I would love to know if you took my dry January challenge. Please let me know if you did and how it went for you. My pants are, unfortunately, not looser as I had hoped, but that is my fault. My bank account is not fatter, as I had expected, but that is due to more home repairs, not overspending. Overall, I am glad I did it; I didn't feel deprived and learned a few things along the way.
The dry January challenge was about only buying what I needed and not what I wanted. I had to be honest with myself about what my needs were. The grocery purchases were easy, and I enjoyed cooking with what I already had in my pantry and freezer. In that regard, my greatest enemy is my crazy schedule. I must be so deliberate with my meal planning to be successful. I created wholesome meals, and my family was happy with what I made for them. Of course, I still had to grocery shop, but only for a few things. I had a difficult time not drinking wine or making a cocktail on weeknights. I enjoy a glass of wine while cooking or a cocktail when winding down. But I saved quite a bit of money by not spending on alcohol this month.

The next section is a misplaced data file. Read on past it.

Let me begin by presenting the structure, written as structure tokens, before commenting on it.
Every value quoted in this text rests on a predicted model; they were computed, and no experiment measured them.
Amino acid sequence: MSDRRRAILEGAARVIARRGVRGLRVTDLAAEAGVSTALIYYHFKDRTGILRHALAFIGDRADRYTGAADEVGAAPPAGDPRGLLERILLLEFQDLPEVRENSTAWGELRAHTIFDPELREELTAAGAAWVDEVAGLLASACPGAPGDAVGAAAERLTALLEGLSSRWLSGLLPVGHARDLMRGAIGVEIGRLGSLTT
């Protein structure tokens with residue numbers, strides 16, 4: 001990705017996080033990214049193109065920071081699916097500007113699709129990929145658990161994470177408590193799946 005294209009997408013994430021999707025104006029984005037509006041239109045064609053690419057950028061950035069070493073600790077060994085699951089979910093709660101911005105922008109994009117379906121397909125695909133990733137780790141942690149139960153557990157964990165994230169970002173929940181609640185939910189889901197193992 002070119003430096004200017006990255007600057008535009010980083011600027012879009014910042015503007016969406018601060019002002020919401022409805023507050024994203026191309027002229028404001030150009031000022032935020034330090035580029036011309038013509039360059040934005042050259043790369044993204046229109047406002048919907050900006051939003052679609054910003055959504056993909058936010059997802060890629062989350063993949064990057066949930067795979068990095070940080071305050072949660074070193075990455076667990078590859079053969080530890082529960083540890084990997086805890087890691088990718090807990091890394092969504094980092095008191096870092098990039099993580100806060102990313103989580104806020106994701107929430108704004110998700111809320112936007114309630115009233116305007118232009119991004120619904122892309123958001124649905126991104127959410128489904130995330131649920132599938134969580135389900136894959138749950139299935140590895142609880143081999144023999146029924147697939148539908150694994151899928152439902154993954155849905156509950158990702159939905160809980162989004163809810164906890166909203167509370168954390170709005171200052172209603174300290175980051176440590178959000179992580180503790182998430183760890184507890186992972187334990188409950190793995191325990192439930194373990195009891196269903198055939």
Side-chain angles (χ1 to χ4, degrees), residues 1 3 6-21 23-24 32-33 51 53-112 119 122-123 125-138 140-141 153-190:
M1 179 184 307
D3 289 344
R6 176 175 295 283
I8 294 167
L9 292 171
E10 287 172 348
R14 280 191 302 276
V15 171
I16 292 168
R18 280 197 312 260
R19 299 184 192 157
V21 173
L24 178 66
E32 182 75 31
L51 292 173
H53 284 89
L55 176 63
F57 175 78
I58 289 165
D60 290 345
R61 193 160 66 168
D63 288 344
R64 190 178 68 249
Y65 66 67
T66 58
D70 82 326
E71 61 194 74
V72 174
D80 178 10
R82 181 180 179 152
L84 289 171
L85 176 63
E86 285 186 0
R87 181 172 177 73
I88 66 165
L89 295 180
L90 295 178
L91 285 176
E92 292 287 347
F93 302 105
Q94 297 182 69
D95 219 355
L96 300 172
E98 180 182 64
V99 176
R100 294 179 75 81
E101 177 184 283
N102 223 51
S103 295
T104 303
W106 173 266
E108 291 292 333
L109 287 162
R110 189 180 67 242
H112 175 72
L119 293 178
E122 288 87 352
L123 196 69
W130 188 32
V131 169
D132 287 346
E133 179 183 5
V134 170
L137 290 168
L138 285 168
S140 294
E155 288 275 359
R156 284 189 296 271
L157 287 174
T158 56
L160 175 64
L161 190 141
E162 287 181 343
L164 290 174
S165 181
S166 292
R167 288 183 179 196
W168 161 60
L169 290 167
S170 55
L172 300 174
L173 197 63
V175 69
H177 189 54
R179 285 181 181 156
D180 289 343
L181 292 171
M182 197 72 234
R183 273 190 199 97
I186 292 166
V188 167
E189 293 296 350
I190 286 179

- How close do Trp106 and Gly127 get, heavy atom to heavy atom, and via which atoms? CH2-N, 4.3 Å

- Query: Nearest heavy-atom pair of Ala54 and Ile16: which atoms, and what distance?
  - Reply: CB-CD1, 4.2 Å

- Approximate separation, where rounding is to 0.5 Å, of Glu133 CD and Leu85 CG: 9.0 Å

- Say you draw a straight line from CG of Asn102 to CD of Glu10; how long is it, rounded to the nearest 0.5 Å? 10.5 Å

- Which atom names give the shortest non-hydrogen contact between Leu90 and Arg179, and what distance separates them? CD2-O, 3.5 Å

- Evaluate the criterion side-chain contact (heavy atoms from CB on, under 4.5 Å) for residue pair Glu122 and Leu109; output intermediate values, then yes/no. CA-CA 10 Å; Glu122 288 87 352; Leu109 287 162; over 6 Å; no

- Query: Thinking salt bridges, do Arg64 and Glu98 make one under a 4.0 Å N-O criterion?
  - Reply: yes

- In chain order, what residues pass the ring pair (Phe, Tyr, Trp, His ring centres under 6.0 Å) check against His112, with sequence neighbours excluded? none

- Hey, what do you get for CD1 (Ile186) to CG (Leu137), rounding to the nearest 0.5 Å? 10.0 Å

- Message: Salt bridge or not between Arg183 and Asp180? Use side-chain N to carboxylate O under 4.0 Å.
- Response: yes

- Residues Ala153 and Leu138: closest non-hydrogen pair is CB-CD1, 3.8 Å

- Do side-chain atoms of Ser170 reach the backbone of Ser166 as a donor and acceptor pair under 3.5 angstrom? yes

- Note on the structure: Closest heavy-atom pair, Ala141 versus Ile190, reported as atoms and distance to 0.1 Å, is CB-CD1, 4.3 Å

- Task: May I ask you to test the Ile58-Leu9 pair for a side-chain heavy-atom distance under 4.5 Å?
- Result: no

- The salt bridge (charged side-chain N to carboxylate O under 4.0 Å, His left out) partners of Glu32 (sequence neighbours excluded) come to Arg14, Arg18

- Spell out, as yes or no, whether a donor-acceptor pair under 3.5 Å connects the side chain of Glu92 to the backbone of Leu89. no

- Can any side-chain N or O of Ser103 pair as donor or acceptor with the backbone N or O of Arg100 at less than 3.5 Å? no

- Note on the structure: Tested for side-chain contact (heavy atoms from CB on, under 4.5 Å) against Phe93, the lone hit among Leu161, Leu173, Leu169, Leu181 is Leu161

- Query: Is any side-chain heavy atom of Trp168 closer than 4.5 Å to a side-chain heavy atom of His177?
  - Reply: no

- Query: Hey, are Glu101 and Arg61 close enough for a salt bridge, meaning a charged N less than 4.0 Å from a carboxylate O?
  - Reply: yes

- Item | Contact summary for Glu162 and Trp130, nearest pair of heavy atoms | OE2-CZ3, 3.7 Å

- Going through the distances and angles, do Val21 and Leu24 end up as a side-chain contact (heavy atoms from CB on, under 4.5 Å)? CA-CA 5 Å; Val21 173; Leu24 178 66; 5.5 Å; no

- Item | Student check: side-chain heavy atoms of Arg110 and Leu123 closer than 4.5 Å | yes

Like everyone, if I want something enough, I can convince myself that I need it. A low point during this challenge was a sample sale from an online clothing retailer. I filled my cart with dresses, trying to convince myself that I needed them for work, but let's be honest, I am always business on the top and barn clothes on the bottom for my Zoom meetings. I will never need the dress. When I realized what I was doing, I shut my browser. And I didn't look back. Now that the month is over, and so is the sample sale, I have no regrets.
This past month has made me reflect even more on my spending and if I have been a good steward of God's provision in my family's life. While I work hard on obedience, I tend to be restrictive in spending in some areas and then ridiculously wasteful in others, which, if I am honest with myself, is usually the result of putting off a purchase that is necessary because I am afraid of the expense, or from the lack of planning on my part. I have got to stop the self-sabotage. My will is strong, which can be both good and bad.
My husband and I max out our retirement and HSA account annually and tithe 10% of our income to our church yearly. Both of those line items come off the top and are non-negotiables, and that has never been the issue; giving to my church and God while saving for retirement and our family's future are our top financial priorities. And my family and I believe that if we are faithful tithers, as God has instructed, He will provide for our needs.